(newsrooms: with 12-16-2016 Ark-YEAREND-Commodity markets)
JONESBORO, Ark. – Weather extremes in the southern hemisphere and ideal weather in
the Corn Belt helped propel a commodity price rollercoaster in 2016.
“As for the grain markets, 2016 provided a wild and unpredictable ride,” said Scott
Stiles, extension economist for the University of Arkansas System Division of Agriculture.
“In fact, most ‘experts’ and analysts were completely caught off guard by price rallies
A list of global factors affected corn and soybean prices. In January and February,
it appeared South America was on track to produce record crops, just as the U.S. had
done in 2015. At that point in time world ending stocks for corn and soybeans were
both projected to reach record levels. Prices for the two crops were under considerable
pressure and trading at multi-year lows.
By late March corn and soybean prices finally found a floor, Stiles said. Argentina’s
soybean harvest had just begun. Rains fell there the first 20 days of April. Farmers
couldn’t harvest the crop in a timely manner and when they eventually did, quality
was greatly reduced. At the opposite end of the weather spectrum in Brazil’s northeast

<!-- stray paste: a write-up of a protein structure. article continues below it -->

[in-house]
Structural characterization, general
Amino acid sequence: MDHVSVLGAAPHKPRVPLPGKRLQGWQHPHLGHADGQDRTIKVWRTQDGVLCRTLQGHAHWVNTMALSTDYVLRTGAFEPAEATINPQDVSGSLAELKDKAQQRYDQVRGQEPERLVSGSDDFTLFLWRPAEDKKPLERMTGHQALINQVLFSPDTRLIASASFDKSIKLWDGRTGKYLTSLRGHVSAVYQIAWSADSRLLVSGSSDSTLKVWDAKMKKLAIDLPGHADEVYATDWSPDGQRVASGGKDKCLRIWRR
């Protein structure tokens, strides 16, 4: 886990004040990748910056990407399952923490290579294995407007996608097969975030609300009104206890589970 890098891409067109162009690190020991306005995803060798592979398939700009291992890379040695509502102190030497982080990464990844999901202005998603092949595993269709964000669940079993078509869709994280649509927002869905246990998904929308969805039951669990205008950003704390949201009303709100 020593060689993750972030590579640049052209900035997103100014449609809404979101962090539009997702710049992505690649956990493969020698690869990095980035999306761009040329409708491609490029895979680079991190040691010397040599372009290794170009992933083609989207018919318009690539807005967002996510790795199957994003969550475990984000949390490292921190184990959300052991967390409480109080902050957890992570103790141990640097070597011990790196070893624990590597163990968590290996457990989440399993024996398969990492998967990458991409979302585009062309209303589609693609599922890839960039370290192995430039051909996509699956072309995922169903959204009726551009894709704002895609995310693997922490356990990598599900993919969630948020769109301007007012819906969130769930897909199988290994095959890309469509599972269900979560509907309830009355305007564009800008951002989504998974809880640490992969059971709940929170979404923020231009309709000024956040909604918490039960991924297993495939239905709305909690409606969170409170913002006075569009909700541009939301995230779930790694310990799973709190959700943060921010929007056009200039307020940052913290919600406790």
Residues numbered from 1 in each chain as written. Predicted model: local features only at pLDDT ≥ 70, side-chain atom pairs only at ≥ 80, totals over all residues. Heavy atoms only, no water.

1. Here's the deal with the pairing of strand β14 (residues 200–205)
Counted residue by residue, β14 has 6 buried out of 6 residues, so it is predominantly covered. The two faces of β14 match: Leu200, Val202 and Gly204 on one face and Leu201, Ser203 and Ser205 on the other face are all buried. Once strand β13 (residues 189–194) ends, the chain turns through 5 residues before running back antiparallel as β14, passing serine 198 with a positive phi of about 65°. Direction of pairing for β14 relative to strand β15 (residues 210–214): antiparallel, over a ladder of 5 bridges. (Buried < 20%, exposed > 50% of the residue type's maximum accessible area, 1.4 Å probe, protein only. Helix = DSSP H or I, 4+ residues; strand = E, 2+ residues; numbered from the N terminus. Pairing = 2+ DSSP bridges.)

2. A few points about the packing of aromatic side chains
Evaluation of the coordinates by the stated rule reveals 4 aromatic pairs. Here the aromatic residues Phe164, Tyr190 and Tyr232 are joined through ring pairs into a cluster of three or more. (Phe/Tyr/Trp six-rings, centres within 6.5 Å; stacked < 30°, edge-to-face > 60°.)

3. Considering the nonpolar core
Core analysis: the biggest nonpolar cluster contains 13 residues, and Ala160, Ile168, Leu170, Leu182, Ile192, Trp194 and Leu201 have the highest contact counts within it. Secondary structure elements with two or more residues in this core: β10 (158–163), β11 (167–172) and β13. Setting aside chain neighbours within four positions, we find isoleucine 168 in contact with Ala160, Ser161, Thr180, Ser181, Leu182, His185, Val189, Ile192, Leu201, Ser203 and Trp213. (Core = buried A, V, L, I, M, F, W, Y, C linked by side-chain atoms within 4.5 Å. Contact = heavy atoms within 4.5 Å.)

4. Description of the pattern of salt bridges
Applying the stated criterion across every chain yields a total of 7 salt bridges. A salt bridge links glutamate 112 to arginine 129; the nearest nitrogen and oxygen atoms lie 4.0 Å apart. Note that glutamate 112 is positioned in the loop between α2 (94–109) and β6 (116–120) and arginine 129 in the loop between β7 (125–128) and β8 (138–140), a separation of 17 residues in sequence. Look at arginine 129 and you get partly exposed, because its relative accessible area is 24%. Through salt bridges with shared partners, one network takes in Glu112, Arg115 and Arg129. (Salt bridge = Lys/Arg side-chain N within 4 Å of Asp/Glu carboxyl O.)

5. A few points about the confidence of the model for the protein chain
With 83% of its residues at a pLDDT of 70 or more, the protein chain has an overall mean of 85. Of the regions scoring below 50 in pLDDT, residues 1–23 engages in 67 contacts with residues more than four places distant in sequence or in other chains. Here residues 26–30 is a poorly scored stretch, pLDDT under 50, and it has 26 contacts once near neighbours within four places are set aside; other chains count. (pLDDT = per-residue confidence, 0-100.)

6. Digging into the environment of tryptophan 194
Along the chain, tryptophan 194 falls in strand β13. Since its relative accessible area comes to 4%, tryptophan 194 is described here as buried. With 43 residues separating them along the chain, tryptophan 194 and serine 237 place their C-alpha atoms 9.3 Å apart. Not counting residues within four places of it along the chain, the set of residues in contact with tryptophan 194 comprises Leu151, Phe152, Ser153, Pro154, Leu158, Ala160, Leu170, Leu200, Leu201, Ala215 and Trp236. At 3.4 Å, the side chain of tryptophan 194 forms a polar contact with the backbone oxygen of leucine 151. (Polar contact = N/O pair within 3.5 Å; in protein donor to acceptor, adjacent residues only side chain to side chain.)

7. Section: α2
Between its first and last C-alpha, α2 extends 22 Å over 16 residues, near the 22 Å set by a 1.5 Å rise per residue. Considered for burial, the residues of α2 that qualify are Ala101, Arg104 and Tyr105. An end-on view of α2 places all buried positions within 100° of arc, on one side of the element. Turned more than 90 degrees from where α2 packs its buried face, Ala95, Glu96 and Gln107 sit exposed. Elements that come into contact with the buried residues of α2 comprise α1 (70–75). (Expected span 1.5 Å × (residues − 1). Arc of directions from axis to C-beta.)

growing areas, the second crop corn was enduring a severe drought. These two weather
events shifted a surprisingly large volume of export demand to the U.S. for both soybeans
“As South America endured adverse weather and significant yield loss, crop prices
rallied from early April until mid-June,” he said. “This price rally took soybean
futures from around $8.60 to above $11 and corn eventually traded to about $4.40 per
Prices wouldn't stay at these levels very long. “In fact, they crashed quickly,” Stiles
said. “By early July, U.S. growing conditions were ideal across most of the Corn Belt. These
ideal conditions would remain in place through harvest. Prices, retraced most of
the gains seen from April to June on the prospect of record yields, record production
and sharply rising ending stocks.”
Stiles said 2016 “illustrates how easily and quickly crop prices can change based
upon unforeseen circumstances. No one could have predicted the ‘perfect storm’ the
2016 soybean and corn market encountered,” Stiles said. “Some valuable marketing lessons
were learned in 2016. I believe growers will develop a more nimble approach to marketing
for the 2017 crop.”
For more information about ag economics, visit www.uaex.uada.edu or contact your county extension office.
The University of Arkansas System Division of Agriculture offers all its Extension
and Research programs to all eligible persons without regard to race, color, sex,
gender identity, sexual orientation, national origin, religion, age, disability, marital
or veteran status, genetic information, or any other legally protected status, and
is an Affirmative Action/Equal Opportunity Employer.
# # #
Media Contact: Mary HightowerDir. of Communication ServicesU of A Division of AgricultureCooperative Extension Service(501) firstname.lastname@example.org